The sick have traditionally been cared for by their families. But for those without families, particularly anyone away from home, there have long been charitable institutions and others prepared to offer hospitality. They could have been slaves in the Roman empire, soldiers in mediaeval Baghdad, those returning from the Crusades in Europe, or refugees crossing mountainous areas through passes.
Few early hospitals provided much in the way of medical care, which was generally expensive and ineffective in any case. Most were little more than large inns, and any care staff were usually members of religious orders. A few took in cases of transmissible diseases which had become proscribed locally – conditions such as leprosy, and plague – in an attempt to confine the disease and prevent spread. The richer you were, though, the greater the chance and desire of being nursed at home.
Jacopo Pontormo’s fresco showing an Episode from Life in Hospital from 1514 shows nuns from a religious order caring for other women, perhaps the sick from their own convent.
Venice was particularly prone to outbreaks of plague, and developed procedures and establishments for coping with cases. In Tintoretto’s painting of Saint Roch Heals Plague Victims from 1559, those suffering from plague have been brought to this small chapel, where the saint is healing them. The dark room is already collecting a disarray of bodies, some seemingly close to death. Without the miraculous work of the saint, this would quickly have become the waiting room for hell.
Adam Elsheimer shows a more positive atmosphere in Saint Elizabeth of Hungary Bringing Food for the Inmates of a Hospital from about 1598. Clearly run by a religious order or similar foundation, above each bed is a religious painting, and watching over them all is a statue of the Virgin Mary holding the infant Christ. Saint Elizabeth works with her halo visible, feeding the man in the bed nearest the viewer.
Some hospitals grew grand, such as that shown in Cornelis de Wael’s To Visit the Sick from about 1640. A team of doctors is gathered around a table to the left, where they write up their notes and directions for care. Extended families surround the few patients in their very modern iron beds, with children and dogs apparently welcome too.
But for many, hospitals remained a final resort, and they knew only too well that their chances of walking out alive were slim. This was even more true for hospitals which confined the mentally ill, the asylums.
In William Hogarth’s narrative series A Rake’s Progress, Bethlehem Hospital ‘for lunatics’ was the final stage in a saga which takes its lead actor Tom Rakewell from squandering his inheritance in orgiastic nights in brothels. After he recovers temporarily by marrying a rich but ugly old woman for her money, his descent continues through gambling until he is put into a debtor’s prison, where he becomes insane, and ends his days in the ‘Bedlam’ asylum.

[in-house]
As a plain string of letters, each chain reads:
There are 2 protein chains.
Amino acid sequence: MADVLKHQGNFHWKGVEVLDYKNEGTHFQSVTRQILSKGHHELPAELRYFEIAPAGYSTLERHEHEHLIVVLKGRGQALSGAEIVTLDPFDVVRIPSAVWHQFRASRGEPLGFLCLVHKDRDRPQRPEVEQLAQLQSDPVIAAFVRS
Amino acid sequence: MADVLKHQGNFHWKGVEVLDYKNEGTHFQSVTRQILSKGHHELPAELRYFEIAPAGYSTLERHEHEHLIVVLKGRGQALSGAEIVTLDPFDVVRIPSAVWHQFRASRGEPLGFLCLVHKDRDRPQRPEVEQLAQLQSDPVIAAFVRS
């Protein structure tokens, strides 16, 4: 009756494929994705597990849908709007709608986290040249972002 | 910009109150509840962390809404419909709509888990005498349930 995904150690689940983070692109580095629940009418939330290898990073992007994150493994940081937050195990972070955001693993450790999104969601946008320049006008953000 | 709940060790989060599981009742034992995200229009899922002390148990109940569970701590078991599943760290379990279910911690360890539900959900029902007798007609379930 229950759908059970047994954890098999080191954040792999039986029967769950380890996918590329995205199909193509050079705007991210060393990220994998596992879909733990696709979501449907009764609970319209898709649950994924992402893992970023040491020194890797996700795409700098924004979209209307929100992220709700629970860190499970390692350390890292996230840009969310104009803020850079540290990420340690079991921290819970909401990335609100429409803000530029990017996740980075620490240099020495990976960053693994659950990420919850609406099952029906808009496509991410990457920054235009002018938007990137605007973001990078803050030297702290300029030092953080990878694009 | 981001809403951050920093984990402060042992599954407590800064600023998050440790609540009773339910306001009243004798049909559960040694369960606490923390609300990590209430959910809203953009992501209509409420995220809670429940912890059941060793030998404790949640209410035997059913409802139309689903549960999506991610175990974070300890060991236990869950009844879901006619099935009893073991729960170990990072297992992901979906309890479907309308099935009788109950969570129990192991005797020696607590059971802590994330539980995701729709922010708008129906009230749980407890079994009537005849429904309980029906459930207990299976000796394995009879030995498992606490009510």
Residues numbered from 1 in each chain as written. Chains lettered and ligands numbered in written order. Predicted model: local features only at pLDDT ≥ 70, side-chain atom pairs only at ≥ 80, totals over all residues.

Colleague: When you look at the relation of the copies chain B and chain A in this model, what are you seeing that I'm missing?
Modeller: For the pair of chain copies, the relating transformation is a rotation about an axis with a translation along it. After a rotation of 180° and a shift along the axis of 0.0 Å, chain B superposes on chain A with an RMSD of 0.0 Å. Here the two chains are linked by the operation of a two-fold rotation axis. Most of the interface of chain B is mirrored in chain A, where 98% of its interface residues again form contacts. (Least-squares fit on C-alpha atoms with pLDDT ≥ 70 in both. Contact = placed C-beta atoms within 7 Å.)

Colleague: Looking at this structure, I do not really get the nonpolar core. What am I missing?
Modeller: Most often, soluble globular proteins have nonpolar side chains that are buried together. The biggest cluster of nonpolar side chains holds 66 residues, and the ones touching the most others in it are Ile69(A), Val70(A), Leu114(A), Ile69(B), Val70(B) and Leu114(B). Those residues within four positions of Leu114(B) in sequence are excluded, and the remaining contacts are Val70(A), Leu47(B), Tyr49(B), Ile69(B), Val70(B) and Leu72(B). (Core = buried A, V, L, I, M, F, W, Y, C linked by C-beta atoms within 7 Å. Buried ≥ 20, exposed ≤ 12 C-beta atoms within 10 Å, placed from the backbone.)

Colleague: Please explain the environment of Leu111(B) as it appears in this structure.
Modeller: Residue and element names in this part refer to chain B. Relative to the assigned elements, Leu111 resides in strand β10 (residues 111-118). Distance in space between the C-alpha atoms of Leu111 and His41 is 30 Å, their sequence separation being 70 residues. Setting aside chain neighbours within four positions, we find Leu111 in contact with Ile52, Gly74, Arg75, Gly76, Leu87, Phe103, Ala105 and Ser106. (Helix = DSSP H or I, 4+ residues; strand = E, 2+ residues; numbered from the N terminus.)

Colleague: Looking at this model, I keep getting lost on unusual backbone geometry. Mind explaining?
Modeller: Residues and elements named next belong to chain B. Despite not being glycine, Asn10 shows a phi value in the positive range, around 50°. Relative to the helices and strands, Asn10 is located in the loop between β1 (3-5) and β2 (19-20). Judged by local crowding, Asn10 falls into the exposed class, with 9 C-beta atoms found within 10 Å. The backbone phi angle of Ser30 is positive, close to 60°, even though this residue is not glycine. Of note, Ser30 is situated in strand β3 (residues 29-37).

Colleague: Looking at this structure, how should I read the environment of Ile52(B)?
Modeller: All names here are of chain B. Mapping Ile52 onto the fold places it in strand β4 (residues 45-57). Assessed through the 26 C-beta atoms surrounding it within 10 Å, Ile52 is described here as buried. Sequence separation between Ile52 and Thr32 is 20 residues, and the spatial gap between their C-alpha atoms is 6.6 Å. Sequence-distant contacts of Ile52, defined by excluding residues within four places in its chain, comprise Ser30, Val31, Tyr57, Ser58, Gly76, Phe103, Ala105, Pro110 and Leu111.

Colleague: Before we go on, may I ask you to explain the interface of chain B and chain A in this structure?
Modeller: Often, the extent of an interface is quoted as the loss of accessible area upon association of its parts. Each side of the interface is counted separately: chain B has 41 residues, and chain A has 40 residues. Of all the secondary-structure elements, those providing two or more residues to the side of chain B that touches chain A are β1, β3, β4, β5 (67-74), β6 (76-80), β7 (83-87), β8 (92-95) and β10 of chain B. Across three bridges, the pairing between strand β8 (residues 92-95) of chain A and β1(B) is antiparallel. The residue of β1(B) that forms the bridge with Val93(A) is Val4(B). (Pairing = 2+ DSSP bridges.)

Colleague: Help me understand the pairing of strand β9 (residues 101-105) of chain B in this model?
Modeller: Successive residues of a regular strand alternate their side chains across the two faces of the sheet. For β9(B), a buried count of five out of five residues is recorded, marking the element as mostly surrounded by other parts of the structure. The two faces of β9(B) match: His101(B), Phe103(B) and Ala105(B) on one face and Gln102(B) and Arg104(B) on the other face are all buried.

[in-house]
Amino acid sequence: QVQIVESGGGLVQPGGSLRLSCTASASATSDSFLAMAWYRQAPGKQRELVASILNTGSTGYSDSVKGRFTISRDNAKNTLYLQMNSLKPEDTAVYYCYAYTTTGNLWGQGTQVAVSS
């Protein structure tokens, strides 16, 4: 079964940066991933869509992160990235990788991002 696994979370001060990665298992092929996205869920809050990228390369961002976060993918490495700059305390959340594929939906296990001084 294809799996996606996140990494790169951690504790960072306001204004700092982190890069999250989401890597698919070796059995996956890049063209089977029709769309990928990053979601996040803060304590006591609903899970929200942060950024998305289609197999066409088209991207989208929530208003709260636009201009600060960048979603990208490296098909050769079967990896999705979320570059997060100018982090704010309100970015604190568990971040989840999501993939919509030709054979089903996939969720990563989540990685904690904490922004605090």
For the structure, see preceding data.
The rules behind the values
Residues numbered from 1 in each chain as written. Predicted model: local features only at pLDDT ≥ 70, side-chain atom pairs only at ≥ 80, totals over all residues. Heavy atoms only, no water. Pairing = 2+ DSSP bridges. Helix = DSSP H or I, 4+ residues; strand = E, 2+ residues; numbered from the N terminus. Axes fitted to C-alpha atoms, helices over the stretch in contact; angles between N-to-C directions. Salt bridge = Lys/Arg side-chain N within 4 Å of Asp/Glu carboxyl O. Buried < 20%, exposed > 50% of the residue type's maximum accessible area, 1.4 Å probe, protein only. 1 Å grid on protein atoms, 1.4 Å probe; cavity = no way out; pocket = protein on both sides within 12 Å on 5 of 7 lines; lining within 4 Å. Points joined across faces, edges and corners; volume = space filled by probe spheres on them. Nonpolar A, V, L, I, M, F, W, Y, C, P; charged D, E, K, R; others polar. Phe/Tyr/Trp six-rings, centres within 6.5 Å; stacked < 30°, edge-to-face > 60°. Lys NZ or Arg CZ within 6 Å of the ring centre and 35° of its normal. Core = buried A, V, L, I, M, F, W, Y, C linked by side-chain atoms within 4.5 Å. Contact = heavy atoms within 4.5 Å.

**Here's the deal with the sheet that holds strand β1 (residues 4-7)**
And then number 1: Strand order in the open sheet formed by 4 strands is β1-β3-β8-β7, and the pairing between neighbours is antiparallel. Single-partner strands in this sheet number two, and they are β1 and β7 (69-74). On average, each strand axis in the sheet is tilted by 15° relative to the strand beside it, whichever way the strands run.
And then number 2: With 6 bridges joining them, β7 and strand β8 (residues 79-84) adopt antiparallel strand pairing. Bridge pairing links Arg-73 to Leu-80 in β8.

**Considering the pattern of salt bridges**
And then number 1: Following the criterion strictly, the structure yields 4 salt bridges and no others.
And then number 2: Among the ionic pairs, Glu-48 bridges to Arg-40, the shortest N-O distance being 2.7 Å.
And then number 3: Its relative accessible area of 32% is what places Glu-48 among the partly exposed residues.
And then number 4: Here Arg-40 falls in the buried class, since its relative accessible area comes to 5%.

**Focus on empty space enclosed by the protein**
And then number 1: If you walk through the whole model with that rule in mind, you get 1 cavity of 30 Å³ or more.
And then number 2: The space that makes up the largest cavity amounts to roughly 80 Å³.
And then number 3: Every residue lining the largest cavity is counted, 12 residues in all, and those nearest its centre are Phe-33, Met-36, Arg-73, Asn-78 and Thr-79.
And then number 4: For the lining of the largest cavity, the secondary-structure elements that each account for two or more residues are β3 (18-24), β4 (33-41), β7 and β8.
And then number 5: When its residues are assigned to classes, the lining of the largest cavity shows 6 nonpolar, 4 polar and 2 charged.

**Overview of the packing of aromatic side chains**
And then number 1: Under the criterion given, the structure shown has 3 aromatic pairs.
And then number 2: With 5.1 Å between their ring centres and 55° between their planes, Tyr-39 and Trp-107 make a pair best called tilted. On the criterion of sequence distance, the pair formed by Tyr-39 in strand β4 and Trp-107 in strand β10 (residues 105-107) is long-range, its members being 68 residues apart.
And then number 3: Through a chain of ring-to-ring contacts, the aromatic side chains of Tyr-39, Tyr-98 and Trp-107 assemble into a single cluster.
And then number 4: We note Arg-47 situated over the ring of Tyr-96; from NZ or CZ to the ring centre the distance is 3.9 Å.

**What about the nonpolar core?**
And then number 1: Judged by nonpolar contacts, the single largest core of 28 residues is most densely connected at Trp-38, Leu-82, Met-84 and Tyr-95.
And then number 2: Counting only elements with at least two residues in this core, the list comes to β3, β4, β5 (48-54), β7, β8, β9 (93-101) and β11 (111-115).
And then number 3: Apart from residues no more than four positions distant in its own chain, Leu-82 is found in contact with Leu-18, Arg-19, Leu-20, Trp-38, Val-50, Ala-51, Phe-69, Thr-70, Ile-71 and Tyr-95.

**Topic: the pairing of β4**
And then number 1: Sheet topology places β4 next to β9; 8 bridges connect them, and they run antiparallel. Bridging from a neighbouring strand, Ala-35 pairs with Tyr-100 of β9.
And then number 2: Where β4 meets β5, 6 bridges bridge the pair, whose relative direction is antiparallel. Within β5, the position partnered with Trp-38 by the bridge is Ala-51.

Hogarth shows here a scene in London’s Bethlehem Hospital, given the common name of Bedlam, which has entered the English language. Tom is almost naked, tensed and stressed on the floor, with only an ignored friend to comfort him. Other inmates show the disturbing signs of their conditions, and two well-dressed ladies have come to watch the antics of those in Bedlam – a sign of the Enlightenment, it seems.
With the Age of Enlightenment came the first major voluntary hospitals, funded by benefactors, charities, and public subscription. Johannes Beerblock’s painting shows the very modern Wards of the Hospital of Saint John in the city of Bruges in 1778. Each bed was, in effect, its own private cubicle. There were trained medical staff, but nurses were compassionate carers rather than professionals.
In the centre, middle distance, a group of four elegantly-dressed physicians are doing the rounds of their patients. The main caring staff appear to be from a religious order, and wear its elaborate black-and-white uniforms. They are serving food, reading to comfort the sick and dying, and at the left are assisting a priest, perhaps in administering the last rites. Lay staff are cleaning and servicing the needs of patients.
At their worst, though, hospitals were still places of death and dread, as shown in Goya’s painting of a Plague Hospital from his disturbing series The Disasters of War (1808-10).
There were several big steps forward in transforming the hospital into something closer to those we have today. Most are associated with individuals, such as Louis Pasteur’s germ theory, Joseph Lister’s recognition of the importance of hygiene, and Ignaz Semmelweiss’s practice of anti-sepsis.
One of the most important revolutions is associated with the work of Florence Nightingale during the Crimean War. Although she is now a controversial figure, William Simpson’s illustration of One of the Wards in the Hospital at Scutari (Turkey) from 1856 gives an idea of the change which started in the middle of the nineteenth century.
American hospitals also saw great change at this time, some resulting from the Civil War. Jonathan Eastman Johnson’s painting of The Field Hospital (The Letter Home) from 1867 seems to refer back to that, its patient dictating a letter to his family from his camp bed.
In the late nineteenth century, as I will show in the next and concluding article, hospitals were transformed by the nursing revolution, the use of general anaesthesia for surgery, scientific advances in medicine, and more.